B4x next steps?

Discussion in 'Chit Chat' started by imbault, Sep 13, 2015.

  1. imbault

    imbault Well-Known Member Licensed User

    Hi @Erel ,

    Now, all the 3 IDE have been updated, what have you planned for next releases ?

    BTW, do B4i will be able to handle 3D Touch of the new iPhone 6s?

    Thanks

    Patrick
     
  2. Erel

    Erel Administrator Staff Member Licensed User

    The three products will continue to evolve. For now no revolutions are planned...

    I haven't checked the new APIs yet however it will most probably be simple to support.
     
    imbault likes this.
  3. Erel

    Erel Administrator Staff Member Licensed User

    imbault likes this.
  4. narek adonts

    narek adonts Well-Known Member Licensed User

    I think a major feature that is missing is WatchKit Sdk and the ability to use 3rd party library without using xCode.
     
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  5. wonder

    wonder Expert Licensed User

    Erel, native libraries (.so files) support.
    Please, please, please pretty please! :oops:

    I understand that it's not a simple thing to achieve, but come on...
    there is nothing you can't do, you can create anything! ;)

    [​IMG]
     
    Last edited: Sep 13, 2015
  6. Roycefer

    Roycefer Well-Known Member Licensed User

    What is your idea of native support? B4J and B4A already have native support in the same sense that Java has native support. That is, if you can write a wrapper Java library using JNI/JNA to call native functions, then you can use that wrapper library in your Java/B4J/B4A project (where platform-appropriate).
     
  7. wonder

    wonder Expert Licensed User

    In-line C++ and .so lib support... I know I might be asking too much, but C/C++ is faster than Java and we could really use the extra speed in certain situations.
    Code:
    #IF C++
        #include <iostream>

        using namespace std;

        int main()
        {
            cout << "Hello World!" << endl;
            return 0;
        }
    #END IF
    EDIT: Ok, In-Line might be really asking too much because it would require an additional compiler, but at least a way to "just add" a .so file to your project with minimal effort.
     
  8. little3399

    little3399 Active Member Licensed User

    I think if B4X can publicsh their API will be a good to increase the 3rd party library develop ...
     
  9. Roycefer

    Roycefer Well-Known Member Licensed User

    C/C++ isn't really faster than Java in most cases, on the desktop. You have to spend a LOT of time optimizing C/C++ code and setting compiler flags to make it faster than Java whereas the Java optimizer will optimize even sloppily written Java/B4J code. And even when you have fully optimized C/C++ code, you can only expect about a 10% performance boost over the equivalent Java (I'm talking about on the desktop, here). Remember, Oracle's HotSpot JVM will JIT compile performance critical portions of your program to machine code, and this is after quite aggressive optimization. On Android, the overall slowness of the Dalvik Virtual Machine made native code a lot faster by comparison but ART is slowly changing that, as well.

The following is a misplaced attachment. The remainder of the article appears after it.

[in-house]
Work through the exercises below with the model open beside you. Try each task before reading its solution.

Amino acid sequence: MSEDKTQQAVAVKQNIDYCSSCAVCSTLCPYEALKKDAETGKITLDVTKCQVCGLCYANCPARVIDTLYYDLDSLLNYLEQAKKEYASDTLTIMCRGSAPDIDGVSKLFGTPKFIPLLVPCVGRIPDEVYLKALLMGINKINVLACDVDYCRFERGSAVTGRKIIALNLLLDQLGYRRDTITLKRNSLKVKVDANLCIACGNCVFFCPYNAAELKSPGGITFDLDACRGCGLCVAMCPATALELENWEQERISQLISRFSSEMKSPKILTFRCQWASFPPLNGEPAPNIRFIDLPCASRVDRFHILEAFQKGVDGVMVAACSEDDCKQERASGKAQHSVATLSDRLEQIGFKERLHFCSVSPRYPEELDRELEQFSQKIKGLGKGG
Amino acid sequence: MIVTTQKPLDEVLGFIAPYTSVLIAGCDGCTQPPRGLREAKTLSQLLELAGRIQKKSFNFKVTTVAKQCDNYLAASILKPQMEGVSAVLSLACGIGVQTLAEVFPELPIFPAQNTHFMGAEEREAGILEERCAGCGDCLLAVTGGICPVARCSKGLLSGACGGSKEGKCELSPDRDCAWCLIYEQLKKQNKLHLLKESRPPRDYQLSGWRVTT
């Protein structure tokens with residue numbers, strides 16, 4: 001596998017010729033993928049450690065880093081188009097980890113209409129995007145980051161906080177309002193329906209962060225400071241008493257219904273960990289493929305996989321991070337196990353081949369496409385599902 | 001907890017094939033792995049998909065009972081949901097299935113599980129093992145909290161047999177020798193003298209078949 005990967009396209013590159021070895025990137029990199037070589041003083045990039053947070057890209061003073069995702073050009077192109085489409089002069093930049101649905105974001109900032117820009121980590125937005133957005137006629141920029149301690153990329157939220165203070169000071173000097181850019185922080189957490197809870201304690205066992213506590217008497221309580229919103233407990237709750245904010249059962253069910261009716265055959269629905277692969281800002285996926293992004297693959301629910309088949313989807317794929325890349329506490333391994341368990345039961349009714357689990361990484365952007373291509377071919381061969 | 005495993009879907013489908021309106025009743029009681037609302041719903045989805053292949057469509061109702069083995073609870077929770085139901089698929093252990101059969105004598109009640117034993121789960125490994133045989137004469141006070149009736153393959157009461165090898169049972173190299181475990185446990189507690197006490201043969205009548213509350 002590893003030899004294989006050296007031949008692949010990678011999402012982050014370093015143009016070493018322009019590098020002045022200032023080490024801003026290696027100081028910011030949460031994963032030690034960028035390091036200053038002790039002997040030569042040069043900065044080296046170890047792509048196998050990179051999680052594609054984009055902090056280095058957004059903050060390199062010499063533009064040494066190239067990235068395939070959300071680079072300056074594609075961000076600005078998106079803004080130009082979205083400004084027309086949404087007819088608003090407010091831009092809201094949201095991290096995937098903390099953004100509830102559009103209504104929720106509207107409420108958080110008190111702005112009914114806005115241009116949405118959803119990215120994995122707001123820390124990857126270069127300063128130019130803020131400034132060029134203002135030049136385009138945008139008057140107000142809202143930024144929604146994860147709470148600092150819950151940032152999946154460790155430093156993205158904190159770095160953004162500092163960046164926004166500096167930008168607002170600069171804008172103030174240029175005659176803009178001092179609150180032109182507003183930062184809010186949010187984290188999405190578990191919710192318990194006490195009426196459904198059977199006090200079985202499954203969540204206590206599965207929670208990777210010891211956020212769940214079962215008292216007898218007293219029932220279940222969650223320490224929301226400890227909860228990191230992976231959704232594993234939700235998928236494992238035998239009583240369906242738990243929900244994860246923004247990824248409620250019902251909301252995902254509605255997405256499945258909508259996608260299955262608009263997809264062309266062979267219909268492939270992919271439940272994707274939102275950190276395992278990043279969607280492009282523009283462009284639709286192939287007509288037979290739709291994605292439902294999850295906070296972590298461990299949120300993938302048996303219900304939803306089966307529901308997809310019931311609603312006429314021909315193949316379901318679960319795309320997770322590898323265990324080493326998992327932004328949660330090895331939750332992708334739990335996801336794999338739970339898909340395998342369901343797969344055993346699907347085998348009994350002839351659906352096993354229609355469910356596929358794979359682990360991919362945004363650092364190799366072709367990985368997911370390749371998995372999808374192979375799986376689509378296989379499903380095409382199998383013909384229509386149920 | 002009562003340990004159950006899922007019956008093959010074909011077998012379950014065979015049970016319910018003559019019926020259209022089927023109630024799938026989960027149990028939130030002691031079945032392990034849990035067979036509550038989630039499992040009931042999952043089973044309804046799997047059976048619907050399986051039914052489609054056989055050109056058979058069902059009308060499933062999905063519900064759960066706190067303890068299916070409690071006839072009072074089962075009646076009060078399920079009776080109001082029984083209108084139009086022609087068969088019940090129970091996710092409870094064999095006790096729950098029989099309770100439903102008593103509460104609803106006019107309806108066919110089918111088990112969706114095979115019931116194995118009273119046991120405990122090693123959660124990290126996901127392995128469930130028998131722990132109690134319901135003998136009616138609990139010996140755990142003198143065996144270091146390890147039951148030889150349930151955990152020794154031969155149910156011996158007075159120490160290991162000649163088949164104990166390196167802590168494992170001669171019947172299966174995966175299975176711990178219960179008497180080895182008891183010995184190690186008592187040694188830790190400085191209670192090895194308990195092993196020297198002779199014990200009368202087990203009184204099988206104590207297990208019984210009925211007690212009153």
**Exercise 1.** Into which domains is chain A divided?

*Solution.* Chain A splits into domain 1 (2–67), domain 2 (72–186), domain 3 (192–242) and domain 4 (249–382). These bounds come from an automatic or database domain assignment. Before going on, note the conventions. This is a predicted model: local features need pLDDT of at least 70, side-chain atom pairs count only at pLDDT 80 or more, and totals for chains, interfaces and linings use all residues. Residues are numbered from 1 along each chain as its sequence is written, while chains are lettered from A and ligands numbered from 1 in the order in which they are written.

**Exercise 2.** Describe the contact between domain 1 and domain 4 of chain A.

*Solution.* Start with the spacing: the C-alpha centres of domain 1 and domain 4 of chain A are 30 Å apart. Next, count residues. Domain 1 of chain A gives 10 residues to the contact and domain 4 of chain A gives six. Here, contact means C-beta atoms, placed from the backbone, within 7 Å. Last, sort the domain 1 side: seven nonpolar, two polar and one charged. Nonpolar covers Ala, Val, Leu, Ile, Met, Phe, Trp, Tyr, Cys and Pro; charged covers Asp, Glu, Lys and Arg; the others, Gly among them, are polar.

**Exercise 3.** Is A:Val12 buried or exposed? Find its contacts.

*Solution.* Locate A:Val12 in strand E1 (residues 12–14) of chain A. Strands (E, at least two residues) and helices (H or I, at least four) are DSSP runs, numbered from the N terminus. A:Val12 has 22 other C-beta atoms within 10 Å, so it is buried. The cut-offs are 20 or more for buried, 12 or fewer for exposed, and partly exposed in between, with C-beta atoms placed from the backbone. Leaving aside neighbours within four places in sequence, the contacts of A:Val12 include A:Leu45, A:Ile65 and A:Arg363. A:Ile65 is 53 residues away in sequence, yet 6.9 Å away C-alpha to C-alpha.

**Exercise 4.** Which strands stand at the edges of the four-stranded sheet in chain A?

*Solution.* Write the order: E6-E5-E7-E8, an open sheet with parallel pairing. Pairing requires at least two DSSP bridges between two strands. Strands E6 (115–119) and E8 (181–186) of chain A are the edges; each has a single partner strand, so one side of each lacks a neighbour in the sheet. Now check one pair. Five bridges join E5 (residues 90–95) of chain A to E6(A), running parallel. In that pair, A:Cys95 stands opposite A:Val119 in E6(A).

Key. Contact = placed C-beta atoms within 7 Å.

The thing about inline C is that it could probably be done (with great effort) but, in the end, the B4X developer would still have to configure numerous different compilers for different platforms (this is true on the desktop and on Android) and perform a lot of other ancillary tasks that would make the whole enterprise little more efficient than the current method of using native code. It just doesn't seem worth Erel's time for what little gain in programmer ease there is to be had.

    It would probably be not too hard to write a tool (this could be done in B4J) that could inspect an .h file and generate a .java file that had a JNI-based wrapper for the functions in the .h file. That could, at least, automate one portion of creating simple wrappers for native libraries.
     
    wonder likes this.
  10. wonder

    wonder Expert Licensed User

    I was solely thinking about B4A. I agree with you, B4J wouldn't really take that much advantage of supporting native code, especially being a free tool.
    B4J is already amazing as it is right now. :)

    This would make me a very happy man, a single-click B4A feature/add-on/lib (or as you mentioned, external app) which would allow .so files being imported into your project. I would gladly pay for it.
     
  11. Informatix

    Informatix Expert Licensed User

    I'm not convinced at all. My own experience under Windows proved me the contrary. C++ can be a lot faster. But it depends what you do and how you write it. It's the same problem under Android. As the exchange of data between the Java heap memory and the native memory is very slow, calling a C function very frequently with big chunks of data can be much slower than a pure Java solution. And a good Java code will always be better than a poorly coded C++ lib with big memory leaks. However, one day or the other, you turn to the .so libraries to get higher performance (games, codecs) or better protection (Java is decompiled easily), so that would be nice if it was possible to integrate them with B4A without a Java wrapper.
     
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  12. Troberg

    Troberg Well-Known Member Licensed User

    What I'd like to see in upcoming versions is not very sexy, and not very fun to implement, but it is an extremely important part of a dev environment:

    * Improved help. If I place the caret on a method and press F1, I want to get a help page describing that method. Each argument should be described and, if need be, some sample code. Much of this already exist, so it's mostly a matter of building the context sensitive framework.

    * Improved error messages. It's not uncommon to get error messages that are either wildly wrong or totally uninformative. Now, this is by no means specific to B4X, but giving better errors means simpler bug fixing.